Lanham’s previous books include The Hipster Handbook and Food Court Druids, Cherohonkees and Other Creatures Unique to the Republic. (Food Court Druids, according to the Washington Post, are “those Goth-dressed gamers who play Magic: The Gathering, turn out for Harry Potter book releases, and always hang around the Panda Express. ‘Cherohonkees’ are white people who wear too much Native American-themed garb.”)

He runs two Web sites:, which covers arts and culture of his neighborhood in the northern part of Brooklyn, and a companion site to his book,

Lanham said humor is an effective way to approach the Religious Right for a couple of reasons.

“I think so many people, especially liberals and people that are outside of the evangelical community, are so disheartened by evangelical culture that they don’t even want to touch it,” he said on a recent Webcast interview on DefCon America (the Campaign to Defend the Constitution). “So I think writing a book that is a little bit lighter and a little bit of fun kind of opens up–it made it more accessible to them.”

Second, when things are going on in the evangelical community like Creation Museum being built by Answers in Genesis–with an exhibit featuring dinosaurs wearing saddles, because they believe that dinosaurs and human coexisted–he said, “The jokes write themselves.”

Lanham’s book uses four-letter words and is dismissive of Christian teachings like the Trinity, which he explains by comparing it to Mike Myers playing three different characters in one Austin Powers film.

But he says most of the praise he has received for the book has been from Christians who are more fed up with the Christian right than he is.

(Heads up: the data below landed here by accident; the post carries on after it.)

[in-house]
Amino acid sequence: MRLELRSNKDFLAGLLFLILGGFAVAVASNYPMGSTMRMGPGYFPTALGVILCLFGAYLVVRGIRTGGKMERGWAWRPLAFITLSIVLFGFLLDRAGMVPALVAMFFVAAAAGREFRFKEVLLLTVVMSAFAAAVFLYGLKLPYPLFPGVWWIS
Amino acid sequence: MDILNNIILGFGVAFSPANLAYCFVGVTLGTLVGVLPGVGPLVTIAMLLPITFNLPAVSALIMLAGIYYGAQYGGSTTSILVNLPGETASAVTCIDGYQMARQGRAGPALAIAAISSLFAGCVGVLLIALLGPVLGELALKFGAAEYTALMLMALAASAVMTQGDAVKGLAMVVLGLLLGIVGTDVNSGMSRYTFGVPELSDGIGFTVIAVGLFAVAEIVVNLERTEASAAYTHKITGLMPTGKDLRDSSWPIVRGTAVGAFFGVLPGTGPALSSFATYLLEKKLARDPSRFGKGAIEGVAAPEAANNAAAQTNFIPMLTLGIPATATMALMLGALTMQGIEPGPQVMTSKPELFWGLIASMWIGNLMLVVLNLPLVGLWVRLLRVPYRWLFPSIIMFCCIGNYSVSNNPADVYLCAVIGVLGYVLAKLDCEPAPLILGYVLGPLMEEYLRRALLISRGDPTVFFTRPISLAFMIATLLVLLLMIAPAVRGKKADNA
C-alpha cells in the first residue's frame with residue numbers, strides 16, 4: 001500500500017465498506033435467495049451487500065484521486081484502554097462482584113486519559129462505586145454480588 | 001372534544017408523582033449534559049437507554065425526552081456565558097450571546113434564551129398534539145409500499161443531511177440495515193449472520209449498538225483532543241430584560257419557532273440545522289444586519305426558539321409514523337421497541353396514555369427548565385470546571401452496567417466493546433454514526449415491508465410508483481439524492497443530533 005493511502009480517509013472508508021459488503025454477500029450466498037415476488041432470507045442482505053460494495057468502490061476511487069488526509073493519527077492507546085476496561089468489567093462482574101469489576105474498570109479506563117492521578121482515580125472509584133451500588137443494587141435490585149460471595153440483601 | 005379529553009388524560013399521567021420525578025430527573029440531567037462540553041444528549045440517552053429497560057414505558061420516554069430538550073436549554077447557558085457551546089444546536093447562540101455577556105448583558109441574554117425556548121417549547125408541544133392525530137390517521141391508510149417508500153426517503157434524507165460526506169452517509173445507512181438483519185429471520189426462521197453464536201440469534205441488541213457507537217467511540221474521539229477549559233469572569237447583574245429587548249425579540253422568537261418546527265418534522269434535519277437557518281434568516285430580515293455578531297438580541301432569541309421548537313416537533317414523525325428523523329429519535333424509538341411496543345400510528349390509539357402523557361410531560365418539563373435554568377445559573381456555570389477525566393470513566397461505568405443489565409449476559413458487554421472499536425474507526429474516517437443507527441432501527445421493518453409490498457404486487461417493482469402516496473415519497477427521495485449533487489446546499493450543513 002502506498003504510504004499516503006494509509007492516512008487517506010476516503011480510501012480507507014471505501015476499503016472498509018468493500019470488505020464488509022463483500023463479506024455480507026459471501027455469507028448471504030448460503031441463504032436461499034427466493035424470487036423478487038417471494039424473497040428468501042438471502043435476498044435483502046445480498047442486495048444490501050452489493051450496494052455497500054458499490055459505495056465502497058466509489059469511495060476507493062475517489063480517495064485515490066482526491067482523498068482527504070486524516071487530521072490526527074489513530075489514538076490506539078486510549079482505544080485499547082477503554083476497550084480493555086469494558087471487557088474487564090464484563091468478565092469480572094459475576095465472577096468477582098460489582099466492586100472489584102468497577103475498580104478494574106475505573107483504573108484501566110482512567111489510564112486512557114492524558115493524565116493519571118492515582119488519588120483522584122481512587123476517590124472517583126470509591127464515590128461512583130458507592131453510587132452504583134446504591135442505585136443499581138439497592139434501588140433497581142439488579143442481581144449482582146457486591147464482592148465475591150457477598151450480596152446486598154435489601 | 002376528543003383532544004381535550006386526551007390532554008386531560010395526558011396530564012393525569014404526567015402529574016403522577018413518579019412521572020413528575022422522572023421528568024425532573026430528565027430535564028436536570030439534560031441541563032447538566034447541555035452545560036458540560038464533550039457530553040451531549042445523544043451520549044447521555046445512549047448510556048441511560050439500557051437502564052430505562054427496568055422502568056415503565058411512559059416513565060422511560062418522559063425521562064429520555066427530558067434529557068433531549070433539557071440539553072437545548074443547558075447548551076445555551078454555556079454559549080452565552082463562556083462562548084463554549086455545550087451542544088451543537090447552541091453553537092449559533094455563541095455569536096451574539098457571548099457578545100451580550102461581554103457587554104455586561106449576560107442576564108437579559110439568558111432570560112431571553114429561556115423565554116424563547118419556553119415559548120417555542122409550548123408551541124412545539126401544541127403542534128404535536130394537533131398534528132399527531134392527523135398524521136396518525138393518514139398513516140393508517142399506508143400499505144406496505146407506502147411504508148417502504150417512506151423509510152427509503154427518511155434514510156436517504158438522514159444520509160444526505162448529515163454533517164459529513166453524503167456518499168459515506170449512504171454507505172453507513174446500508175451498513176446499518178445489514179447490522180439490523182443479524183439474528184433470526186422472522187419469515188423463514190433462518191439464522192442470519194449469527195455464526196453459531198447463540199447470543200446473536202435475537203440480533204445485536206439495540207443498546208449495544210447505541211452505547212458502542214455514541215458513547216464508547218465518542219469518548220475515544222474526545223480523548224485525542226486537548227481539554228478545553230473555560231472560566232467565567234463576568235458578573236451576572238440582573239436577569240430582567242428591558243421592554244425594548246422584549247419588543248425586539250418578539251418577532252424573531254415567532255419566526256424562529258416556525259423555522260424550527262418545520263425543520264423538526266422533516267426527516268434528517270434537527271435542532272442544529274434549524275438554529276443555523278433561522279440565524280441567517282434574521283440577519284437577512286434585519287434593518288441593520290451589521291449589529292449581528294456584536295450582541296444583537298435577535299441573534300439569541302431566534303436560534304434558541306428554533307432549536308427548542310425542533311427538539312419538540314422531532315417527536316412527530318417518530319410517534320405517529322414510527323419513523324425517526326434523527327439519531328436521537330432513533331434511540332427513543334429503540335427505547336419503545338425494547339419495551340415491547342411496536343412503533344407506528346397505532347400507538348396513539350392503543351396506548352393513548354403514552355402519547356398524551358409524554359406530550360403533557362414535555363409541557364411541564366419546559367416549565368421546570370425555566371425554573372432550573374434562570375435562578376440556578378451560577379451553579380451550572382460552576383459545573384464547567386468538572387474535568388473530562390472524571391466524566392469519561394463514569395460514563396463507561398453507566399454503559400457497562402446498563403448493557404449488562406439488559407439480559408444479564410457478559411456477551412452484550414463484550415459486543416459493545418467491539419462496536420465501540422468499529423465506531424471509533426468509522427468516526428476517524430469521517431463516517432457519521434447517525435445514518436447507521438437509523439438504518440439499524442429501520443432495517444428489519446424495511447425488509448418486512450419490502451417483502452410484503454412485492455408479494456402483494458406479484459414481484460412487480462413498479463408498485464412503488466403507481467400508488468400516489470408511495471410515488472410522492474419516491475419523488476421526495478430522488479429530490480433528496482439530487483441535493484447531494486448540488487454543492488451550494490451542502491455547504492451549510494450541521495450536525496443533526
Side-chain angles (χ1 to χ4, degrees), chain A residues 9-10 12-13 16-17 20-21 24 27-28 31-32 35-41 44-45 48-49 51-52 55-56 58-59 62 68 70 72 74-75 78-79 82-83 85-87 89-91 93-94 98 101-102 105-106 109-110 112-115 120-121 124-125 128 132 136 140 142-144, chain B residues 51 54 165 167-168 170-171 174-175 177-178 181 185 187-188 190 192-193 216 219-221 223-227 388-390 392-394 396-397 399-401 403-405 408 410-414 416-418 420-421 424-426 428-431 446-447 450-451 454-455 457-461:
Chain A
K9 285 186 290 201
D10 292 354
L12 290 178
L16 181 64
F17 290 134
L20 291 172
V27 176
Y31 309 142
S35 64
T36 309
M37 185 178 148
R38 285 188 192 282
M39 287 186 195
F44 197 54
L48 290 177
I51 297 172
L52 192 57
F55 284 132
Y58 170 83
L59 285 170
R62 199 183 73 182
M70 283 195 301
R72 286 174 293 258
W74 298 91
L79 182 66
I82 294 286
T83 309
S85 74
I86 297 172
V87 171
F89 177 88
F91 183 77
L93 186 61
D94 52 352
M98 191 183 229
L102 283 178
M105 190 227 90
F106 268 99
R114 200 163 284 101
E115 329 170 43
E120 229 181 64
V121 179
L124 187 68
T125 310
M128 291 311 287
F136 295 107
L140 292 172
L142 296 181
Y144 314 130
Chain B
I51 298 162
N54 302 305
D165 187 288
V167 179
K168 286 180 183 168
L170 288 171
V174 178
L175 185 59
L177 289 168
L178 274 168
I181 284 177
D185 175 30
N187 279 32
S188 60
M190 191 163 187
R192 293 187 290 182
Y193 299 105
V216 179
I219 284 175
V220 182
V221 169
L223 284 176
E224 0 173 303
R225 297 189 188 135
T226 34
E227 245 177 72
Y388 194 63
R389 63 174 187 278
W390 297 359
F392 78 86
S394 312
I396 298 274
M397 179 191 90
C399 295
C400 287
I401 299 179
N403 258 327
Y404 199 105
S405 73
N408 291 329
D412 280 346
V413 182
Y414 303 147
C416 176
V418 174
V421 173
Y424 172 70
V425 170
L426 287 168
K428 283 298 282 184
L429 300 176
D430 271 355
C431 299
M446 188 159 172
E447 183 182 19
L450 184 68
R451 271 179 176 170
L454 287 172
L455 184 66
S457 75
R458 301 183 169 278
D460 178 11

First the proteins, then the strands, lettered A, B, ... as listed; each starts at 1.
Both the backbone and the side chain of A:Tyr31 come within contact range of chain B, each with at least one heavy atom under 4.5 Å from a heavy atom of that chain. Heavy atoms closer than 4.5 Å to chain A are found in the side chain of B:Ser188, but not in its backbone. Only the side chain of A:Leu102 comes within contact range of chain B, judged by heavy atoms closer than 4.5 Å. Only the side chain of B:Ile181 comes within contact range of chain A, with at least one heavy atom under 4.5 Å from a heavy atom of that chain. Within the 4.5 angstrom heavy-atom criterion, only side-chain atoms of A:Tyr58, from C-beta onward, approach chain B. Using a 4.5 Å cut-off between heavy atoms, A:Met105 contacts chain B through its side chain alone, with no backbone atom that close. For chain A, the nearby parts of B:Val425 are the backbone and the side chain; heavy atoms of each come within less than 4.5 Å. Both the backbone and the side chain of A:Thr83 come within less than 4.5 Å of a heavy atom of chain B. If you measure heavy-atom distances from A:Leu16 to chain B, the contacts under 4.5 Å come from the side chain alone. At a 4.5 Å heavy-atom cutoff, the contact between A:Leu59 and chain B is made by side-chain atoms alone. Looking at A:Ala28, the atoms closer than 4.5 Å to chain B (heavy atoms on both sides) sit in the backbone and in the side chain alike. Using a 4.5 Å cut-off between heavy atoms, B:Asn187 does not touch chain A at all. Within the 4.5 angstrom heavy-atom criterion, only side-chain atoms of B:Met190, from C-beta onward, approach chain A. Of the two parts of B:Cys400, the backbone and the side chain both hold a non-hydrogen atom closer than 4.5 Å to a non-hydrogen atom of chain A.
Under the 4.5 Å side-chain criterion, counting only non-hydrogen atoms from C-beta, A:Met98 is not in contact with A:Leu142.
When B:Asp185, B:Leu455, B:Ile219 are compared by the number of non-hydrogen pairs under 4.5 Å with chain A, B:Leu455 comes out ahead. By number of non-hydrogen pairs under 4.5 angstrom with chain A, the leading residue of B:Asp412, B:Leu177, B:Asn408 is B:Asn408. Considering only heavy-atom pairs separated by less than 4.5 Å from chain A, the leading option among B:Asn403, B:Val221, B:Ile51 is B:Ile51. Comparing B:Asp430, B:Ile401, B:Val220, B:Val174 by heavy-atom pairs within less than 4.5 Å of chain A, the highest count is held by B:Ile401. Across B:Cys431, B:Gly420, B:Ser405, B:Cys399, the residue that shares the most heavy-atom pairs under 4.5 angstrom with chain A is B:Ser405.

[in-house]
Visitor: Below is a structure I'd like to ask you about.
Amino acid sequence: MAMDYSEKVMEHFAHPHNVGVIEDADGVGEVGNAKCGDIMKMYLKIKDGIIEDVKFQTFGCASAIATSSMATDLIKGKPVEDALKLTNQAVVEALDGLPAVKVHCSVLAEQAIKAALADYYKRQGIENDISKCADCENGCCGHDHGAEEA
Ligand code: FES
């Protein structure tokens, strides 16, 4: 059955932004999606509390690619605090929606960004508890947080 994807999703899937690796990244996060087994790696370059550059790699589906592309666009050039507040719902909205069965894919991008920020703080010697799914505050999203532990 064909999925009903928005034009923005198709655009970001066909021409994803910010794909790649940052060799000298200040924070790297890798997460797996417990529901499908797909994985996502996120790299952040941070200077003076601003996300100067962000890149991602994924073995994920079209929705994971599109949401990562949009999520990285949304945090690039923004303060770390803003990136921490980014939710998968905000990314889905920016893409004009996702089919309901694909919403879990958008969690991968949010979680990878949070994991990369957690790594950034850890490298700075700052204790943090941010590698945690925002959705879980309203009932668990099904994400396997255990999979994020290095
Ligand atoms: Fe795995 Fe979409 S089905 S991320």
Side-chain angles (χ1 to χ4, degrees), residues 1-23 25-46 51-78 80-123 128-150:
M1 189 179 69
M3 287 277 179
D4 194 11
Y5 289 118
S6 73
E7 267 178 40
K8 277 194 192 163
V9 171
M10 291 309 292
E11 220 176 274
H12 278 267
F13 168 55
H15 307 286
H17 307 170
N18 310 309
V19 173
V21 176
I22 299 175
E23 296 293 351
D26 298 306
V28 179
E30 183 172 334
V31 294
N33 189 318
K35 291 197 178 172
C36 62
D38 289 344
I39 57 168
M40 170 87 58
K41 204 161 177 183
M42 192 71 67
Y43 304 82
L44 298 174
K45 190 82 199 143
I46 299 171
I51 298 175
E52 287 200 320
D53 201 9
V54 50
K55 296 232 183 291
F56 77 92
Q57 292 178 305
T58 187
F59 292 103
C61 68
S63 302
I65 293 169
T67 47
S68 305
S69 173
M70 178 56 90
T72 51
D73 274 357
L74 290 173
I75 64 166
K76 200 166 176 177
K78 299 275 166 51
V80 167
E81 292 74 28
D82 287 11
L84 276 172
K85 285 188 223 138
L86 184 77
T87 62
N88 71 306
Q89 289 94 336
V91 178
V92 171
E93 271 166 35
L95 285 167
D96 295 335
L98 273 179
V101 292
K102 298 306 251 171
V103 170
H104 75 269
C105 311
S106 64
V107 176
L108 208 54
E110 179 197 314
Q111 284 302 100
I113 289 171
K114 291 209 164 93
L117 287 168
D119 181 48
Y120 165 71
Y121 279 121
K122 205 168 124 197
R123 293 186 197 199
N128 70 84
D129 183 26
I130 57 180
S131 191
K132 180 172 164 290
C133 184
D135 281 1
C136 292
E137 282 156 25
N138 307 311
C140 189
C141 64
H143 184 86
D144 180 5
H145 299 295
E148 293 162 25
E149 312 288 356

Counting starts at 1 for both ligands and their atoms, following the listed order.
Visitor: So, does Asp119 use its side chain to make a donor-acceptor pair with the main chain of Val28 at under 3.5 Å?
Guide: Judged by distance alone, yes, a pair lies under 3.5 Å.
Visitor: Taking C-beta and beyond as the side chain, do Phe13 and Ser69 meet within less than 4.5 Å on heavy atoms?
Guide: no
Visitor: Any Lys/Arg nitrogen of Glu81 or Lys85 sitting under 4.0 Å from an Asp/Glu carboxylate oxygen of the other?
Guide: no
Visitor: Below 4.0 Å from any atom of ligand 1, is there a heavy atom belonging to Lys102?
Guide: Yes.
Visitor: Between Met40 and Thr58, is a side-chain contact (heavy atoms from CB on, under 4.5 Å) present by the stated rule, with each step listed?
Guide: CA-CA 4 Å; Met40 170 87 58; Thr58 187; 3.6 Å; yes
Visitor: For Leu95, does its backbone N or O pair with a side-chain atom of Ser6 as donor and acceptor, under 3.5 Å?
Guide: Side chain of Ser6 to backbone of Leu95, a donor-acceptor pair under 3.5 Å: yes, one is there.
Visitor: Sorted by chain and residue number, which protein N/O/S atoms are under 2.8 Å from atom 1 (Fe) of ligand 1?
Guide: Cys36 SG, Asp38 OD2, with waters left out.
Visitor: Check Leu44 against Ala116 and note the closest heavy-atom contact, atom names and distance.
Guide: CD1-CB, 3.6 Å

“The big surprise I’ve had with this book is the amount of support I’ve gotten from moderate evangelicals,” he told “I just did a reading in a church in Brooklyn at the request of a liberal (and gay) minister who loves the book. Jay Bakker (Jim’s son) was in attendance. I was also contacted by the Christian magazine Relevant. They’re fans of the book and will be doing a story on me next month.

“I suppose this all makes sense–after all, progressive evangelicals have MUCH more to be angry about when people like Dobson misrepresent the faith than an agnostic like me.”

Lanham said he’s taken the most criticism for attacking Rick Warren, whom he labels “the evangelical Jimmy Buffett,” from Christians and reviewers who say it’s unfair to critique him alongside James Dobson and Pat Robertson.

“I disagree given Warren’s penchant for calling non-Christians ‘godless pagans’ (as he does several times in The Purpose Driven Church) and his statement that all Christians must oppose stem cell research, gay rights and euthanasia,” he said. “He also has compared homosexuality to having sex with a horse, a statement I find offensive and juvenile.”

Lanham said sales of the book have been helped by the Ted Haggard scandal. Lanham spent some time with Haggard in Colorado Springs and discusses him at length in the book. “I’ve become a go-to media expert on Pastor Ted,” Lanham said. “God truly does work in mysterious ways.”

Bob Allen is managing editor of